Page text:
That being said, it’s a really cool little bike that has, so far, generated very little interest. Which is a shame: parts to maintain it should be easy to come by, even if fairing panels are not, and the bike will provide more capability than probably 90% of riders can actually exploit.

1988 Bimota YB7 L Peg Detail

If you could locate some pattern bodywork, it might make a very cool little racebike or track-day curiosity. Certainly, it’d be satisfying to run down literbikes and even 600’s on a screaming little 400…


1988 Bimota YB7 R Side

Japanese-Market Rarity: 1988 Bimota YB7 for Sale
Bimota July 1, 2014 posted by

Does size matter? 1992 Bimota YB7


What you are looking at is 400ccs of Bimota goodness. Meant to be the Rimini firm’s entry into the hyperactive Japanese small bike segment, the YB7 called on styling and design cues from larger Bimota models while making the best possible use of the Yamaha sourced FZ400 engine and gearbox. There was a planned run of 500 units, however there doesn’t seem to be more than 300 or so actually built; like many Bimotas, production figures are sketchy (at best). Models are generally constructed until interest wanes. The YB7 has the classic lines and good looks of its bigger brothers, the YB4 (750cc) and YB6 (1000cc). Never officially imported into the US, this particular example currently resides in Japan.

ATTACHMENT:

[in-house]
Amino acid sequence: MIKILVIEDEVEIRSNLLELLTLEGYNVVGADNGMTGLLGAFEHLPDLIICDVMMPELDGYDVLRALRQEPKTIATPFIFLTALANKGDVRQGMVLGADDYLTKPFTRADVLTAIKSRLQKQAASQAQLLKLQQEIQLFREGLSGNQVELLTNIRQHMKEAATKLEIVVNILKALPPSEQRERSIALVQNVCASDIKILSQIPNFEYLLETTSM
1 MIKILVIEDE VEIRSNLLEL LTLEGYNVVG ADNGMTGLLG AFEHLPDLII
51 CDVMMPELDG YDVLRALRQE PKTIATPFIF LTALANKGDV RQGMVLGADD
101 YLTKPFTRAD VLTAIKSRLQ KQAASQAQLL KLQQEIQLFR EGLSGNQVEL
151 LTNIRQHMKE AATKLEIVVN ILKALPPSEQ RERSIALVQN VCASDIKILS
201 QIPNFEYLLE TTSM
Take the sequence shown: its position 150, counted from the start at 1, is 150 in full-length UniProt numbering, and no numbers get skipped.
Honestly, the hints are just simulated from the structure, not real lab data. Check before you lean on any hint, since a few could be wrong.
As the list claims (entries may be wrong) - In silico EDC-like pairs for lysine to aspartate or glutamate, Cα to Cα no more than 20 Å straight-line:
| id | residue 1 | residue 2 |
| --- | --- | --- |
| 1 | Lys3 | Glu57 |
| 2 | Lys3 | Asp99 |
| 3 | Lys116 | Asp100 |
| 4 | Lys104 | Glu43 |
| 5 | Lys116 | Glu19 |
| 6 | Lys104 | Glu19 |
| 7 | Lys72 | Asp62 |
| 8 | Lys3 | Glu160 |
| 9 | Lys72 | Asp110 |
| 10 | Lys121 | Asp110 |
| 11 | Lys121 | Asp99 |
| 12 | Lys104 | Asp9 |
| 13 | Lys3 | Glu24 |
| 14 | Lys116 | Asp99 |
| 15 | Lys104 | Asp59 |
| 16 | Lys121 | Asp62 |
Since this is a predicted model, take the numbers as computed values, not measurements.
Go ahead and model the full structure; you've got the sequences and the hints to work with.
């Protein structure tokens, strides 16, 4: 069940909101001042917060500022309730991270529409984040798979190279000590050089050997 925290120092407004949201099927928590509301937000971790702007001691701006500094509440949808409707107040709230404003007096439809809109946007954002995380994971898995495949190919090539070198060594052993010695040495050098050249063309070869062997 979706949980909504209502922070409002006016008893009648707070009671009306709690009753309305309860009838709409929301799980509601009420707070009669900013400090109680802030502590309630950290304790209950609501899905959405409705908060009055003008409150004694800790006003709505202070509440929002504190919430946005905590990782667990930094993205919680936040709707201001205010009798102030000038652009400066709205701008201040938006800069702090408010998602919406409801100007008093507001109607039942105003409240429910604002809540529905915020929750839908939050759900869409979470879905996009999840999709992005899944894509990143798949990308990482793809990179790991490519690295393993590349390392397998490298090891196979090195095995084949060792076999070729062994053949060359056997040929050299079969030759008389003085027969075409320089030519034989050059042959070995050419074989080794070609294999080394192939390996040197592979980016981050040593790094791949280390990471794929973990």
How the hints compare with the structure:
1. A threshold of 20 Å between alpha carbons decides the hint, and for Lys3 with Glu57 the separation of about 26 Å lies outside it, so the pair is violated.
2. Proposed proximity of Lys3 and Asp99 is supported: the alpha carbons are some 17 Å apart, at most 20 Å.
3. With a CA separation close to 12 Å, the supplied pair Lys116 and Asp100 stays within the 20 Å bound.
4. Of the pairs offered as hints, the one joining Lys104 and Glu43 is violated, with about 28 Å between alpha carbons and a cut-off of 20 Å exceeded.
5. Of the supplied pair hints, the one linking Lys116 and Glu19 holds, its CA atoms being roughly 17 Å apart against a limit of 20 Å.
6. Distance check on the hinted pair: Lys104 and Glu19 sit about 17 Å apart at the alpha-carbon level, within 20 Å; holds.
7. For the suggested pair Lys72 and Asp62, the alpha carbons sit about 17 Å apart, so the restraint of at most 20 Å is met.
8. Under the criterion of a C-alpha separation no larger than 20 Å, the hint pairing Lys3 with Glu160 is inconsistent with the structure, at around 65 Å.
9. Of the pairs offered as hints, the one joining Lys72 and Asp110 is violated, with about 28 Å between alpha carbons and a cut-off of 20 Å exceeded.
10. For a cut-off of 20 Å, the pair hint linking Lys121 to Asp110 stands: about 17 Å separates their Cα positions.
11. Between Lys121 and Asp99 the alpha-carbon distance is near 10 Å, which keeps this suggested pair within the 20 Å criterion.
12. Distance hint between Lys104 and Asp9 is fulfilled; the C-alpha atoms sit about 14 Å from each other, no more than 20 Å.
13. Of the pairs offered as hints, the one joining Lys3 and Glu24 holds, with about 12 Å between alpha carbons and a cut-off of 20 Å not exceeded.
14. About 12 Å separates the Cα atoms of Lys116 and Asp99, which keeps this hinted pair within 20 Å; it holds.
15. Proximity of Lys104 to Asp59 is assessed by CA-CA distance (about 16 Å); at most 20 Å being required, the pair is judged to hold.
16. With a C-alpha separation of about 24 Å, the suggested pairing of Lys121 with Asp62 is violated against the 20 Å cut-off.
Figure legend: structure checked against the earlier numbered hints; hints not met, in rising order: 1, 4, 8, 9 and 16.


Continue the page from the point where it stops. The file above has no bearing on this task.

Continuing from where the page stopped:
1992 Bimota YB7 for sale in Japan


From the seller:
Bimota YB-7 engine strong,
Rear sprocket model which carries better to exchange is good, the engine of the rare Yamaha FZR400R
Is there a registration dossier in Japan.
Send the world, delivery consultation, please ask.


Language barriers are difficult when selling an emotion the likes of a Bimota. Rather than flame the seller for a brave attempt at translation (translating words, if not the intent), I will applaud him for offering up such a rare model worldwide. These do not come around often, so if you are looking to add to your 400cc collection and don’t have one of these, better get moving. The YB7 is a gem of a small sport bike. Depending upon where you live in the world, this one just might be worth looking at. Check it out here. Good Luck!


Does size matter?  1992 Bimota YB7
Bimota June 22, 2012 posted by

Wonder from Down Under: 1988 Bimota YB7

For Sale: 1988 Bimota YB7